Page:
"Titanic- Musical Sets Sail on Broadway" Newsday, March 13, 1997

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     "Titanic" Musical to Set Sail on Broadway

Patrick Pacheco

Correction: The Titanic sailed from Southampton, England, nearly 75 years
ago, on April 10, 1912. The "Play By Play" feature in yesterday's Part 2
stated the number of years since the voyage incorrectly. Almost 61 years
to the to the day the Titanic sailed from Southampton, England, on its
fateful voyage, its namesake arrives on Broadway in the form of a lavish
$10-million musical whose creators are betting won't suffer the same end
as the ship. "If we go down," Michael David, one of the producers, said
with a sigh, "we'll be the butt of every joke in town." Most of the show's
creative staff, save British director Richard Jones ("La Bete"), were on
hand recently at a downtown rehearsal studio for the press' first glimpse
at the show, which begins previews at the Lunt-Fontanne Theatre March
27 and opens April 23.

Composer Maury Yeston ("Grand Hotel") and librettist Peter Stone ("1776")
watched from the sidelines as the 42-member cast - including John
Cunningham ("Six Degrees of Separation")as the captain,
Michael Cerveris ("Tommy") as the ship's builder and David Garrison
(TV's "Law and Order") as a villainous shipping line executive - ran through
an opening number that sets up the dramatic stories and class differences
of those boarding the "floating palace."

"It's a terrific yarn, perfectly ordered for drama with its layers of irony,"
said Stone. "If you made up that this would happen on its maiden voyage,
no one would believe it." He noted the timeliness of the musical's main theme:
"That nature still has primacy over technology."  Theater audiences had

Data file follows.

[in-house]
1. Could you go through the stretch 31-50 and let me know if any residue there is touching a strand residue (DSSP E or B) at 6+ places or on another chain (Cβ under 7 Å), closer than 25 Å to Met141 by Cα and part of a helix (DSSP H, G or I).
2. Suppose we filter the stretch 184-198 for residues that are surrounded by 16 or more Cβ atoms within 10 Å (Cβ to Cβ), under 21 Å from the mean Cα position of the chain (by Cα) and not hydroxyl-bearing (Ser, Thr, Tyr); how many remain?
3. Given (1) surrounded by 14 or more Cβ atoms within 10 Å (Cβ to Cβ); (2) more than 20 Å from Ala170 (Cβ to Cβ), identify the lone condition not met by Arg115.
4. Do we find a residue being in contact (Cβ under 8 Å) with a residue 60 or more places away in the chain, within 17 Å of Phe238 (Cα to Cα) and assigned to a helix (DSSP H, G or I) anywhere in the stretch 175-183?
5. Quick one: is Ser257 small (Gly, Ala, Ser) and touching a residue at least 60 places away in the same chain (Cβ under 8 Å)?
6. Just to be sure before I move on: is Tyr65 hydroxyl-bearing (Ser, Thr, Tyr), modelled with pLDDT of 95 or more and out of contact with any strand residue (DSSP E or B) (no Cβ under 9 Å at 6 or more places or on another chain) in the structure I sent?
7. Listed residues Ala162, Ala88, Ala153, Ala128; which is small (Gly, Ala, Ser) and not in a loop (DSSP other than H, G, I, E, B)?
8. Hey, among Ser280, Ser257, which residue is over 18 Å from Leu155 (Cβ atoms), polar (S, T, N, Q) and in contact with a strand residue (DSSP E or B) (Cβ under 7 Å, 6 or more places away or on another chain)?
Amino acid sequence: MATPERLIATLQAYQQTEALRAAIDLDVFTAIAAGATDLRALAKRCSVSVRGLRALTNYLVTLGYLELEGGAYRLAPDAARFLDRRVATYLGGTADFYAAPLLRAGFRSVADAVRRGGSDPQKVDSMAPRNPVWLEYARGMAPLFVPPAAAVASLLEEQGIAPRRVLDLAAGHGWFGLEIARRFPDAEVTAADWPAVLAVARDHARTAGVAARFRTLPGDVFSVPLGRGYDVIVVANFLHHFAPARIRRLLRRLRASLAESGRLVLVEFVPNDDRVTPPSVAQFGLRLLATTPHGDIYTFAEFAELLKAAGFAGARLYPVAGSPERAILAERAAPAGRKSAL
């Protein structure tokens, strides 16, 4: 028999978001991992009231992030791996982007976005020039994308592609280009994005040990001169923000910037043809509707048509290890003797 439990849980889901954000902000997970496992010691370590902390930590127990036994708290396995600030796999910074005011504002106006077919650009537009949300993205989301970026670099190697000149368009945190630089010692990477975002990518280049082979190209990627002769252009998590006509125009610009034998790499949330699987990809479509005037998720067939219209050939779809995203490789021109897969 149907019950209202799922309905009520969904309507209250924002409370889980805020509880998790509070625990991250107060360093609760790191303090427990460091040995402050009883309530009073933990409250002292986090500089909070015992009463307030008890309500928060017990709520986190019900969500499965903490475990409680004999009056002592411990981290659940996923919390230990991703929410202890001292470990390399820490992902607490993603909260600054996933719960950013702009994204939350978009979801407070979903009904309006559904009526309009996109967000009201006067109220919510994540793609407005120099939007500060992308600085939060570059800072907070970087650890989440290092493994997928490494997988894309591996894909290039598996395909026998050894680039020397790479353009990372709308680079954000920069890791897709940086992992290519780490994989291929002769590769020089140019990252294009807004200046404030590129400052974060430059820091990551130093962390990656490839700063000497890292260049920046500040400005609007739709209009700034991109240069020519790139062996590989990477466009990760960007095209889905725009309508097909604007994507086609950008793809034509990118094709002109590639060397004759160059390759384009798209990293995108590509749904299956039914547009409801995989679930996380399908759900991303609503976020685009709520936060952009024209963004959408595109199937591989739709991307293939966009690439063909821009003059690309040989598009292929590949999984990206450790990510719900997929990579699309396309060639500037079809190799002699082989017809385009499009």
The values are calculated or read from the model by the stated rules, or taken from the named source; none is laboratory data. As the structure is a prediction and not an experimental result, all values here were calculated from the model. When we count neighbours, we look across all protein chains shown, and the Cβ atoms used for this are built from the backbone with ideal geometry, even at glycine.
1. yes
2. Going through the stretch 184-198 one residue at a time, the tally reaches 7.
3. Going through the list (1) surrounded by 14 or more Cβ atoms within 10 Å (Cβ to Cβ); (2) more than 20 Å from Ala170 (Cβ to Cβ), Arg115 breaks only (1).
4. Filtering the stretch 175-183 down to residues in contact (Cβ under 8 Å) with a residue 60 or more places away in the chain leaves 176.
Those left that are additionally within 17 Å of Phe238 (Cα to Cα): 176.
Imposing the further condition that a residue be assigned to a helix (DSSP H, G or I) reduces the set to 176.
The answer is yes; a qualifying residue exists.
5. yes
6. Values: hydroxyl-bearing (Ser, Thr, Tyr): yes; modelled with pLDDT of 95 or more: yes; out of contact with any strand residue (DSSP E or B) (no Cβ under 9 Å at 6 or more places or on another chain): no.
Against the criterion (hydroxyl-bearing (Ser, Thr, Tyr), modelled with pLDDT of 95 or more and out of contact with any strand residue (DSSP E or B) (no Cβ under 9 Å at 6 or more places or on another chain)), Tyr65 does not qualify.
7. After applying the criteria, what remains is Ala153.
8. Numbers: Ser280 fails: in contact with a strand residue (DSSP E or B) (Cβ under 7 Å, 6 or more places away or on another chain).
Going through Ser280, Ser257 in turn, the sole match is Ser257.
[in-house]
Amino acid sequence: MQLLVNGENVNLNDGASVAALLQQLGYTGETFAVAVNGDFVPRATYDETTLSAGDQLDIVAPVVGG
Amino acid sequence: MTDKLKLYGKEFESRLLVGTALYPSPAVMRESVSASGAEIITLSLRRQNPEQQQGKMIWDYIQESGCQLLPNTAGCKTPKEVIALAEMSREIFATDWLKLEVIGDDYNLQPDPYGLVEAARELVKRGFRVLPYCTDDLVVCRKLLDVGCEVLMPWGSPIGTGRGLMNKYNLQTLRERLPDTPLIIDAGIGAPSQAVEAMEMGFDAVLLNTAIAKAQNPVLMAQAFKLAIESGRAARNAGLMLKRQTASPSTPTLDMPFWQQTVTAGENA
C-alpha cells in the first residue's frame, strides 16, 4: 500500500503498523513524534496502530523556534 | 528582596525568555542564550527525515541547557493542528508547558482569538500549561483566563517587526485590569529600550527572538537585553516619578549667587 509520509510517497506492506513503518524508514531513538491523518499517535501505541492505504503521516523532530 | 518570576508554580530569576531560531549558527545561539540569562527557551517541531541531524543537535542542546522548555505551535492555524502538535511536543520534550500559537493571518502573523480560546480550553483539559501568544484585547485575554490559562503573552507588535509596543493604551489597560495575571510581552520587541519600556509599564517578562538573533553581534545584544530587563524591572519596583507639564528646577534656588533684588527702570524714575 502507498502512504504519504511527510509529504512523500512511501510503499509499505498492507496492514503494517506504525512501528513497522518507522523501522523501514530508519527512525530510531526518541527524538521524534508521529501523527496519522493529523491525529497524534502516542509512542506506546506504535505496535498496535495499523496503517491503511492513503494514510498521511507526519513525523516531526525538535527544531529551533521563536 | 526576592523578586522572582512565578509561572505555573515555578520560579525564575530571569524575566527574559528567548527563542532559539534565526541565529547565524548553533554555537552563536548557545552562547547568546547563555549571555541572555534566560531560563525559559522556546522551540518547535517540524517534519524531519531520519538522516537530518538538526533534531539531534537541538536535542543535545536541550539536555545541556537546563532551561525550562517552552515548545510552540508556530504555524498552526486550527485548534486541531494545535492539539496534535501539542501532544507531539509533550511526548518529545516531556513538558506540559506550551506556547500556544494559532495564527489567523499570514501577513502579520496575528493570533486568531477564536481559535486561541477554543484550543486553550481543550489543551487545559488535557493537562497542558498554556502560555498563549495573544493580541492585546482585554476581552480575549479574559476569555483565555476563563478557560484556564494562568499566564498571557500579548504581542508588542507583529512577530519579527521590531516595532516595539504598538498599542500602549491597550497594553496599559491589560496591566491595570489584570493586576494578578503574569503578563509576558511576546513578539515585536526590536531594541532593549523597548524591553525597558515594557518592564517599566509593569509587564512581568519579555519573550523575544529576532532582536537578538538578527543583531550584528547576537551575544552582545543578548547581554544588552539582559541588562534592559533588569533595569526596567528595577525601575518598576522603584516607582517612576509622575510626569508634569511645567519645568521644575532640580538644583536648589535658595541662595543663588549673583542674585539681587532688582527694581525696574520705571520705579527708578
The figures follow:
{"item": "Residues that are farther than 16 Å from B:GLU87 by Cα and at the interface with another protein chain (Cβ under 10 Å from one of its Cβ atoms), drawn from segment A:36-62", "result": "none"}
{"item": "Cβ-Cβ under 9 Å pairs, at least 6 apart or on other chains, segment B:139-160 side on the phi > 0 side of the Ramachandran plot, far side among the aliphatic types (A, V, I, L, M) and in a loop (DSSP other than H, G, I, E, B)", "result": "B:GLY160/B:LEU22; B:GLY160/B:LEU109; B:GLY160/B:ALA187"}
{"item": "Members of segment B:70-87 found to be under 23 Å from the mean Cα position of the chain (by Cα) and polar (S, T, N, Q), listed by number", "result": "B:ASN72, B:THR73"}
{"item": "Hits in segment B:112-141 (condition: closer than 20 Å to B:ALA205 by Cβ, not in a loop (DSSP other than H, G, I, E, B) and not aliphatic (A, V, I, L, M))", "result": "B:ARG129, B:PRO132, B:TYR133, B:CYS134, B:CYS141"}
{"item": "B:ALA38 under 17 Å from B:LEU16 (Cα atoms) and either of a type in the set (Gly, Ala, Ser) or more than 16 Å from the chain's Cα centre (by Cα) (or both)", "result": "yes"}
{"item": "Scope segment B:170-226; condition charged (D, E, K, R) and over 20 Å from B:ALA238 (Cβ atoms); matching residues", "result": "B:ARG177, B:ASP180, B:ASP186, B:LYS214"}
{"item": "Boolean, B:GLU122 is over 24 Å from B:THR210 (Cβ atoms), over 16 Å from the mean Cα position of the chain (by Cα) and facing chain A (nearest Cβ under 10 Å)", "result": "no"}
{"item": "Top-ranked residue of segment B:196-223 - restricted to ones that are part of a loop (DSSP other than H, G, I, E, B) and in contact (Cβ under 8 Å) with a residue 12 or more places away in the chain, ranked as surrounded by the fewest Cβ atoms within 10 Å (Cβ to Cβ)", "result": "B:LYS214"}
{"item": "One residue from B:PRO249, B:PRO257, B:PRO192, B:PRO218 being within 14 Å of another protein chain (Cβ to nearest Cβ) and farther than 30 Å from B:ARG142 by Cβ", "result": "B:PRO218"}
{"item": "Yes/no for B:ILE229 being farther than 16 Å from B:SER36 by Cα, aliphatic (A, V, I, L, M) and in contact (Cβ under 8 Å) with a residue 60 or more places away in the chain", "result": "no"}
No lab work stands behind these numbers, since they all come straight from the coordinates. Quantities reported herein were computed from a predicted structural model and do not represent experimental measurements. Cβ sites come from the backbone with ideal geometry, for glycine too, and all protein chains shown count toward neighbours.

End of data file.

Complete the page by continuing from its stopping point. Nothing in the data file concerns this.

matured enough to accept a "bittersweet saga of heroism and cowardice,"
said composer Yeston. "We couldn't write `The Love Boat.' This is a story
about a ship and  why the tragedy happened and the hubris of the men
who built it." The musical remains buoyant, he insists, despite the story's
tragic end. More than 1,500 people perished, but "you have to  remember
that until the ship hit the iceberg, they were having the time of their lives," Yeston
said about the musical that seeks to recapture the era's indomitable optimism
and elegance - also a victim of the tragedy.

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     No Day at the Beach

On the Waterfront / For the musicals `Titanic' and `Steel Pier,'
trying to work out the kinks under the duress of New York preview
audiences hasn't been at day at the beach
Newsday, 1998
By Patrick Pacheco

"Titanic" and "Steel Pier," two new American musicals that open this
week, may both allude to water, but that's where the similarity ends.
They couldn't be more different. "Titanic," which opens Wednesday at the
Lunt-Fontanne Theatre, is an attempt to push the parameters of American
musical theater, challenging audiences with British director Richard
Jones' avant-garde vision of one of this century's most enduring
legends. "Steel Pier," which opens Thursday at the Richard Rodgers,
banks on redefining the traditional romantic musical  -  with songs by
Broadway music men John Kander and Fred Ebb and direction by Scott
Ellis, who made his reputation by breathing new life into an old flop,
"She Loves Me."

Unlike the Olympics, where degree of difficulty counts for
something, a simple idea well executed is more likely to score on
Broadway than a complicated attempt to entertain with a certain perverse
originality. Consequently, since both shows began performances without
benefit of an out-of-town tryout or previous full-scale production, the
infamous New York preview audiences have been sending buckets of nervous
sweat cascading down the backs of both creative teams. At times like
these, says Maury Yeston, composer of "Titanic," one remembers writer
Larry Gelbart's admonition to all  who would dare create musical
theater: "If Hitler's still alive, I hope he's out of town with a

The scuttlebutt: "Titanic," which focuses on the hubris of the
ship's builder, owner and captain as the cause of the disaster, is in
choppy waters; "Steel Pier," about a "dead" stunt pilot with a
three-week reprieve to romance and liberate a young songbird in an
abusive relationship, has had smoother sailing.

Still, nobody's conceding anything, and nobody's taking anything for
granted. Running scared, of course, is the nature of a business in which
a $10-million investment can go up in smoke  -  or sink from view  -
after just one performance. But this week appears to be the defining one
for this musical-theater season, given the stark risks of these highly
anticipated shows, each of which provides its own window on the state of
the art. Like "The Life," the Cy Coleman musical that opens Saturday,